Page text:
Reform in the visa application process

Kristine Bernadette F. Soriano

On 31 January 2024, the Bureau of Immigration (“BI”) issued Immigration Memorandum Circular No. 2024-002 (“Memorandum Circular”) which establishes a Visa Processing Center (VPC) and provides for its procedure for visa application processing. Through this recent Memorandum Circular, the BI seeks to improve the efficiency, probity, and quality in the processing of visa applications in accordance with our immigration laws.

The Memorandum Circular, which took effect on 15 February 2024, creates the VPC, a body within the BI, which is tasked to accept, process, assess, and evaluate visa applications. It shall handle applications for visa conversion, extension, amendment, and inclusion of dependents relating to immigrant, non-immigrant, and special non-immigrant visas under Commonwealth Act (CA) No. 613, as amended, special laws, and other issuances. The VPC replaces the now-abolished Visa and Special Permits Task Force created under Immigration Administrative Order No. SBM-2015-006 which used to act as the central processing body for all visa and special permit applications. The VPC is under the control and supervision of the BI Board of Commissioners (BoC).

Pursuant to the Memorandum Circular, the VPC is composed of immigration officers and personnel who are designated as Visa Processing Officers (VPOs). The VPOs are responsible for processing, evaluating, and assessing all visa applications. They are likewise in charge of verifying the completeness and authenticity of the supporting documents submitted, in accordance with existing laws, procedures, rules and regulations.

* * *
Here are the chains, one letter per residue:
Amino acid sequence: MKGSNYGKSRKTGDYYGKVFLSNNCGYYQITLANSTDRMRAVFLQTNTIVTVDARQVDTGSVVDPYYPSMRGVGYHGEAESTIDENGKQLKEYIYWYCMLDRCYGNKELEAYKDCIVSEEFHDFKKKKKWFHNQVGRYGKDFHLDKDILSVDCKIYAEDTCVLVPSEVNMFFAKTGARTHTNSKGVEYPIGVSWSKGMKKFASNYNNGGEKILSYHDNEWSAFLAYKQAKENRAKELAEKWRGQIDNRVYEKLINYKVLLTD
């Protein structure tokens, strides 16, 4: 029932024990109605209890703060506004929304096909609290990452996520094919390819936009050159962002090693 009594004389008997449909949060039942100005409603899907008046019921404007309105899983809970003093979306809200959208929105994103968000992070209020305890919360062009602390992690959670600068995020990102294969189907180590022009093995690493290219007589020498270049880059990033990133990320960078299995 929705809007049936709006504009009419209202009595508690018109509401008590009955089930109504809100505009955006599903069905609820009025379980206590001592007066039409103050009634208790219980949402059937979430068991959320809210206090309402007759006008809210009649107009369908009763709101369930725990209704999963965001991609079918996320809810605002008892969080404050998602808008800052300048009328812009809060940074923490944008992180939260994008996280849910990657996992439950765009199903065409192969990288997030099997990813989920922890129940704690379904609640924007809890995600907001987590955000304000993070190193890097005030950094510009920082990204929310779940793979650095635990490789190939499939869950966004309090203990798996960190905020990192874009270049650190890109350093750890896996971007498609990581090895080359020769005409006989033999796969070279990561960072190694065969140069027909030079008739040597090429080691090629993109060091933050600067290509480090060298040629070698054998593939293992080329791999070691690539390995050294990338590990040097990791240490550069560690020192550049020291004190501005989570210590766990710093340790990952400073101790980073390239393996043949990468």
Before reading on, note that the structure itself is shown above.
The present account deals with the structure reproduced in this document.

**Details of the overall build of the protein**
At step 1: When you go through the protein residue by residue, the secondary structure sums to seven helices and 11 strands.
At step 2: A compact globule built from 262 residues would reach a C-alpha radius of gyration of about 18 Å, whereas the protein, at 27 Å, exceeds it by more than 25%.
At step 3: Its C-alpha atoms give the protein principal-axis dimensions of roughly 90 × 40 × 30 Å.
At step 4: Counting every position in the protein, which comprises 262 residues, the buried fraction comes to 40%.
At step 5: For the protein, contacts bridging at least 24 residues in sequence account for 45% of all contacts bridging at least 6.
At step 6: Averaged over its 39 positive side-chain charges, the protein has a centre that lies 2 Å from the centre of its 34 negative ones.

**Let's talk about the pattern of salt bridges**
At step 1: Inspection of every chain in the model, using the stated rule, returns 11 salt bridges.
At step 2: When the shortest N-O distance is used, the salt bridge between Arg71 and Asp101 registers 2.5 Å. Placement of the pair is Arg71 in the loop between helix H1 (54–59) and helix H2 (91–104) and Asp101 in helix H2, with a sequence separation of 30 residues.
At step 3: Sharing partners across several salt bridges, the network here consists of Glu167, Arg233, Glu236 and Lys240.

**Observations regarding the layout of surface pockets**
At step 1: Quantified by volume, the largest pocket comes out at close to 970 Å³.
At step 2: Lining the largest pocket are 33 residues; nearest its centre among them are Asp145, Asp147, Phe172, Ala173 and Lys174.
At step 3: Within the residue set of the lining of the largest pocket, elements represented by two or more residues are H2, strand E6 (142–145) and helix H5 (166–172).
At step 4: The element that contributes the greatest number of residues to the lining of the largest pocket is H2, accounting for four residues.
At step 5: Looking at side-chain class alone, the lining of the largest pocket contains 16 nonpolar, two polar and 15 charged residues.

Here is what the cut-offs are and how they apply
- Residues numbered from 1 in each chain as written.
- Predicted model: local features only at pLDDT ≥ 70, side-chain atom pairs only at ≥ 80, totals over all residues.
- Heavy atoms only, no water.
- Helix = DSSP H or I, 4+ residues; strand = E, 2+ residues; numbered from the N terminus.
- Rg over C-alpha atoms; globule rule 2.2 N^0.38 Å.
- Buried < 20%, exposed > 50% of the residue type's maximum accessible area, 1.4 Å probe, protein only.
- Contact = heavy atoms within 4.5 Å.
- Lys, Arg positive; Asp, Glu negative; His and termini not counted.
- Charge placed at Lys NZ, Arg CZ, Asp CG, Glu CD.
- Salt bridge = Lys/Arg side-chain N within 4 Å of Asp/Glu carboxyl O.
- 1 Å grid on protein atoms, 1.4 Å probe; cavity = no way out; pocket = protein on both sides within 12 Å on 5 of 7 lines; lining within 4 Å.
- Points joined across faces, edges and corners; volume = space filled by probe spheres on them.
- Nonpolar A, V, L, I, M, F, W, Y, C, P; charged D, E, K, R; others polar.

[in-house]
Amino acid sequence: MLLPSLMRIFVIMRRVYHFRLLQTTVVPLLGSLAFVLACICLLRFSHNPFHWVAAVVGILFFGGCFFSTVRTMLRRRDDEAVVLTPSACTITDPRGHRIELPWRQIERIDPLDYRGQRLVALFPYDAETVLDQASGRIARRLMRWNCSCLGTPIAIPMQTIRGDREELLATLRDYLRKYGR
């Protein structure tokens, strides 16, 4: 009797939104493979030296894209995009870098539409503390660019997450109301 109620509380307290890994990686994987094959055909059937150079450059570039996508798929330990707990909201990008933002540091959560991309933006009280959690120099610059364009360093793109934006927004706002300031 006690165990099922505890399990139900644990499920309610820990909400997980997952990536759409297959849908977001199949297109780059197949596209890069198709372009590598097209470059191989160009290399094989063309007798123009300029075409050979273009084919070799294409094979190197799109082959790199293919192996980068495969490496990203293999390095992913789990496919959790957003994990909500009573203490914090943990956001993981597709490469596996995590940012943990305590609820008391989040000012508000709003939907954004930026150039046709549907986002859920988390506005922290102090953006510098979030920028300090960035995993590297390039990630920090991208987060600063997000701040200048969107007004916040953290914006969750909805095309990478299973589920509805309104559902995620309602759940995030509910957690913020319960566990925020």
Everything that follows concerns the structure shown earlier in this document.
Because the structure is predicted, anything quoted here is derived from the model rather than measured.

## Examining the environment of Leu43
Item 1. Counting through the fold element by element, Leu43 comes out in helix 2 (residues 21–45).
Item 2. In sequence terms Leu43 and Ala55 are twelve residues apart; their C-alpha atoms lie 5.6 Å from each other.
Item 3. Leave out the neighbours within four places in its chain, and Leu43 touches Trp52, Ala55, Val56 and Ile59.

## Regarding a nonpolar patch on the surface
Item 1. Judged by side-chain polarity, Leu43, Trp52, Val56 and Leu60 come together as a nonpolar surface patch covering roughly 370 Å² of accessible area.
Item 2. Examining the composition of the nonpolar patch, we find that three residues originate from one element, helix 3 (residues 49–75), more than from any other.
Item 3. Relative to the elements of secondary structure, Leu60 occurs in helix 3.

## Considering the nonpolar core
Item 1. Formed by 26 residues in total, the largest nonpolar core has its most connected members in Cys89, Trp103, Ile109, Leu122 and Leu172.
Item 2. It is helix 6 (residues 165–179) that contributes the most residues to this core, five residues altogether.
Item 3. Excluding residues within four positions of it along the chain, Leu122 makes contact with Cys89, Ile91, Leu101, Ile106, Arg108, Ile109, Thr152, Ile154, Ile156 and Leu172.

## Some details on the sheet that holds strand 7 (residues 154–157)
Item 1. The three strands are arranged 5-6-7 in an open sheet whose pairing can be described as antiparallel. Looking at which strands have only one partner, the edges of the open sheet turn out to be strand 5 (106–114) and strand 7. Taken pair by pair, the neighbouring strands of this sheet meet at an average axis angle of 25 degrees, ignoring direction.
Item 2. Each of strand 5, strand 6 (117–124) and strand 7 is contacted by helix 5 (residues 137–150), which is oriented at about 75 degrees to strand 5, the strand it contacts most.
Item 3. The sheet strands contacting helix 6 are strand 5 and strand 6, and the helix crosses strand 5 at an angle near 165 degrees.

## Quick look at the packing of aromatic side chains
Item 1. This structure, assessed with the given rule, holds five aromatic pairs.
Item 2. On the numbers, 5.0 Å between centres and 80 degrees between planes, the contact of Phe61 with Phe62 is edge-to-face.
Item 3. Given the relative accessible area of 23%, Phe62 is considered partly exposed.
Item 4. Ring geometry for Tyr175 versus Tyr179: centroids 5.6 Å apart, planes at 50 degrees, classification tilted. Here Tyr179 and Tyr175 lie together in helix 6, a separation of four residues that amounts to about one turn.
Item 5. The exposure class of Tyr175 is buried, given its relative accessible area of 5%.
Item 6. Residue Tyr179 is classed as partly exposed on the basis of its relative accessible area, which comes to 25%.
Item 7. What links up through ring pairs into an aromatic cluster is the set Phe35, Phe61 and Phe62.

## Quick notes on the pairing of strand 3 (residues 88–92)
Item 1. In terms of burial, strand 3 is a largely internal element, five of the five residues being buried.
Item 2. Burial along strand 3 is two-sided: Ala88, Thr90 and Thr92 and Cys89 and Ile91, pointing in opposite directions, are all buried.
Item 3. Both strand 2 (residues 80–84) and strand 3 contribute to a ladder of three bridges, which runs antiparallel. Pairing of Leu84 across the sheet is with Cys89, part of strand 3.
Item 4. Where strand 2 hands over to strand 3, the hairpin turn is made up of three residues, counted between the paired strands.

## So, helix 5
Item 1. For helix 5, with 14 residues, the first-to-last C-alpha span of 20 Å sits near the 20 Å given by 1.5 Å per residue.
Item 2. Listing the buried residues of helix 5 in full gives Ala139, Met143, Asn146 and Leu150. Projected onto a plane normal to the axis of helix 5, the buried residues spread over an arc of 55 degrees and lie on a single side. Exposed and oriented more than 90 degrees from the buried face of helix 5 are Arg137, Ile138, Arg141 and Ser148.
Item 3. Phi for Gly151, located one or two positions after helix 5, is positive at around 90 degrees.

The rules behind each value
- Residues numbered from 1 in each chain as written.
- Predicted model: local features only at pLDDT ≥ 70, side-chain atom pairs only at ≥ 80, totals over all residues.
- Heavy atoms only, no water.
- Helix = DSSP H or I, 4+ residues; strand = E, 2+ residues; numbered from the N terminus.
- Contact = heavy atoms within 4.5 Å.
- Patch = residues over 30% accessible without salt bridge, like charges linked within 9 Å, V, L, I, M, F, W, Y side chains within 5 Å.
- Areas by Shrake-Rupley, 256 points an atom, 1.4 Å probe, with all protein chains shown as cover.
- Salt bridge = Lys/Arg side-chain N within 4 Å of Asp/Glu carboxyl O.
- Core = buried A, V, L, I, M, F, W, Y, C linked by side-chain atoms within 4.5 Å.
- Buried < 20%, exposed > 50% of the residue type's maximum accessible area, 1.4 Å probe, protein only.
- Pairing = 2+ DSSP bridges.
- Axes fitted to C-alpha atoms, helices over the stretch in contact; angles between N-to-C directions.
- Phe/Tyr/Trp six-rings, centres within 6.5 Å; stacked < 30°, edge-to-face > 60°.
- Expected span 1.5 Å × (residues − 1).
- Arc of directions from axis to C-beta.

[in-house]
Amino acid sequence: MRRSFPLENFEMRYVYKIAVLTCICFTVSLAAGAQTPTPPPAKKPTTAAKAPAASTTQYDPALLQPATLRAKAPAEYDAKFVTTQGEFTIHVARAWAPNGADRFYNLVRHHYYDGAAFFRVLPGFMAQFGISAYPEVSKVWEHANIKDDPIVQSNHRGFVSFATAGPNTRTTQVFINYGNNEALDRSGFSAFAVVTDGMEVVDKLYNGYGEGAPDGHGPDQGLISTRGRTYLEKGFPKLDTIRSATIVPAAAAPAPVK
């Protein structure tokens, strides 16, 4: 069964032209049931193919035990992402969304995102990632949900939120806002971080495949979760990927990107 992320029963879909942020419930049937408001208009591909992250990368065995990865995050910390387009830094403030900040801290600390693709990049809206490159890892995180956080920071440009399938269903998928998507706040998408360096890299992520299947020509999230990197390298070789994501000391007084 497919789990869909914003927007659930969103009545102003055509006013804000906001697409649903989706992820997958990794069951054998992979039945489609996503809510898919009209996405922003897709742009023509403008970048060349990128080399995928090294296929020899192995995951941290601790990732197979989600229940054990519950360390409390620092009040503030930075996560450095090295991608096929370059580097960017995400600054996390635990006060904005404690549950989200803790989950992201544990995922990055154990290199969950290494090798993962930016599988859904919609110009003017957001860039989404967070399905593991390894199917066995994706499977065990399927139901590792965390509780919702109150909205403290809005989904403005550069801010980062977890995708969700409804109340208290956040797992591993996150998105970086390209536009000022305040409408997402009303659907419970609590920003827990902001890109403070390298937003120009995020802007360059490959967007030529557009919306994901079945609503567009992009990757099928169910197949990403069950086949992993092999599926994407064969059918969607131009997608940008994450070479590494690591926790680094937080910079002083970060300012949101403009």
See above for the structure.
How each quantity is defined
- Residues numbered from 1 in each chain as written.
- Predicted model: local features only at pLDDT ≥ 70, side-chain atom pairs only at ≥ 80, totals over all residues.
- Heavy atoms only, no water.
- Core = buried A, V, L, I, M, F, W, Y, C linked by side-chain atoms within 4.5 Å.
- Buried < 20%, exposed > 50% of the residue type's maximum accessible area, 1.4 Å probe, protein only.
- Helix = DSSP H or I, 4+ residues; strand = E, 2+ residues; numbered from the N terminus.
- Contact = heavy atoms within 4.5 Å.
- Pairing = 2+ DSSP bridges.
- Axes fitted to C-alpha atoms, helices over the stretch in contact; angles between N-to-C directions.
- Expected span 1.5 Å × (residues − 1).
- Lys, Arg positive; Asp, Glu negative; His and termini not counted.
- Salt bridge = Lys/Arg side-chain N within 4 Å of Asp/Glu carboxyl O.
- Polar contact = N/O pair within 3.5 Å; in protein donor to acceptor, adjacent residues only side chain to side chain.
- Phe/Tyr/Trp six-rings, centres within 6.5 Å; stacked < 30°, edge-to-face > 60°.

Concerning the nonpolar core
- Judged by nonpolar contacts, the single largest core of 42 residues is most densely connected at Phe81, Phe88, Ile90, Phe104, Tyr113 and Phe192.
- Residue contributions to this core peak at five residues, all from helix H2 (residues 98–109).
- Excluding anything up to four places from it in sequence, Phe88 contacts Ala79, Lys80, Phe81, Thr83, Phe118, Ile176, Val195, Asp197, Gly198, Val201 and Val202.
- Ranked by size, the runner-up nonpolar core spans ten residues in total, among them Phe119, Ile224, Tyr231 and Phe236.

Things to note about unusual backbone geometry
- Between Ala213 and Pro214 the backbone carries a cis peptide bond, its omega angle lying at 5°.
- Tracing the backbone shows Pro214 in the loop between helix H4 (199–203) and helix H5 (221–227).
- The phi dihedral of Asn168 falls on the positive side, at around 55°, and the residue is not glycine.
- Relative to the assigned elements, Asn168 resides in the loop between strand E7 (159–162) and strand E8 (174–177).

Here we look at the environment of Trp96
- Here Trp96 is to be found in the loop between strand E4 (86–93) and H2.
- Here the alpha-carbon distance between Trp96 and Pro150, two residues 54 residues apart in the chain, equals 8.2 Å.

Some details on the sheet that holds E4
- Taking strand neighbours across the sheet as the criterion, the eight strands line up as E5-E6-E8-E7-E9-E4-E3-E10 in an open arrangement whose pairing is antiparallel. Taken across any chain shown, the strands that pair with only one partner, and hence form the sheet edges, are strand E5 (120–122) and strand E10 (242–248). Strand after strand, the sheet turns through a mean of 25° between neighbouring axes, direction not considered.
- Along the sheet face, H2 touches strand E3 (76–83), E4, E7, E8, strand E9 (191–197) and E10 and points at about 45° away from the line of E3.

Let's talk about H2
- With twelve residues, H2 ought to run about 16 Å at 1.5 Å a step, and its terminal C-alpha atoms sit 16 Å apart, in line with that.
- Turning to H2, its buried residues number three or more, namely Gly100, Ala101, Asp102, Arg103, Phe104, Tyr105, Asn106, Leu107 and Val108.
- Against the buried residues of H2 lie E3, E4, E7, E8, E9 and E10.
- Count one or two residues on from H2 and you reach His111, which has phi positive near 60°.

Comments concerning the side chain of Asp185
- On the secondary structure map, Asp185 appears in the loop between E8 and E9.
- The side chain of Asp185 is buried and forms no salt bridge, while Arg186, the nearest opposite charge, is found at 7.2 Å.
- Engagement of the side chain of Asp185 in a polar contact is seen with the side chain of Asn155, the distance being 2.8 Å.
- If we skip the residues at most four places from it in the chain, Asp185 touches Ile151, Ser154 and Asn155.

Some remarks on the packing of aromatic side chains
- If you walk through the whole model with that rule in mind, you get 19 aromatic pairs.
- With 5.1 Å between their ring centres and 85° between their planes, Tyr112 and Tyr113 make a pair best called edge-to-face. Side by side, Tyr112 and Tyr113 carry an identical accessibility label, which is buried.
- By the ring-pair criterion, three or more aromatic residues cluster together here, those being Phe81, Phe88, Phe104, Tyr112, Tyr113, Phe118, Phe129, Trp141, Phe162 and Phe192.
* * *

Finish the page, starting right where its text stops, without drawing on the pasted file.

The Memorandum Circular also sheds light on the procedure in the processing of visa applications. It explicitly states that no pre-evaluation shall be done by any BI personnel on visa applications. This means that all visa applications shall be received by the BI on an “as-is, where-is” basis. Thus, visa applicants must ensure that their applications are in order and that their supporting documents are complete and authentic upon filing the same.

With respect to the process, it appears that the BI has retained its existing general procedures, albeit with some modifications. As before, the visa applicants must first check with the appropriate BI Assessor whether they have a derogatory record, and if so, clear and settle the same before the visa application may proceed. The BI Assessor shall assess the applicable fees on the visa application and issue the corresponding BI Clearance Certificate, if there are no derogatory records. After payment of fees, the visa application will be endorsed to the assigned VPO as determined by an automated raffling system.

As part of the processing and evaluation of visa applications, the VPO may now hear or interview the visa applicant, if necessary. To recall, the BI has resumed, as of November 2023, the face-to-face interview for applicants of spousal visas, such as the 13(a) visa, as provided under Section 13 of C.A. No. 613 or the temporary resident visa by virtue of marriage to a Filipino citizen as provided under existing immigration issuances.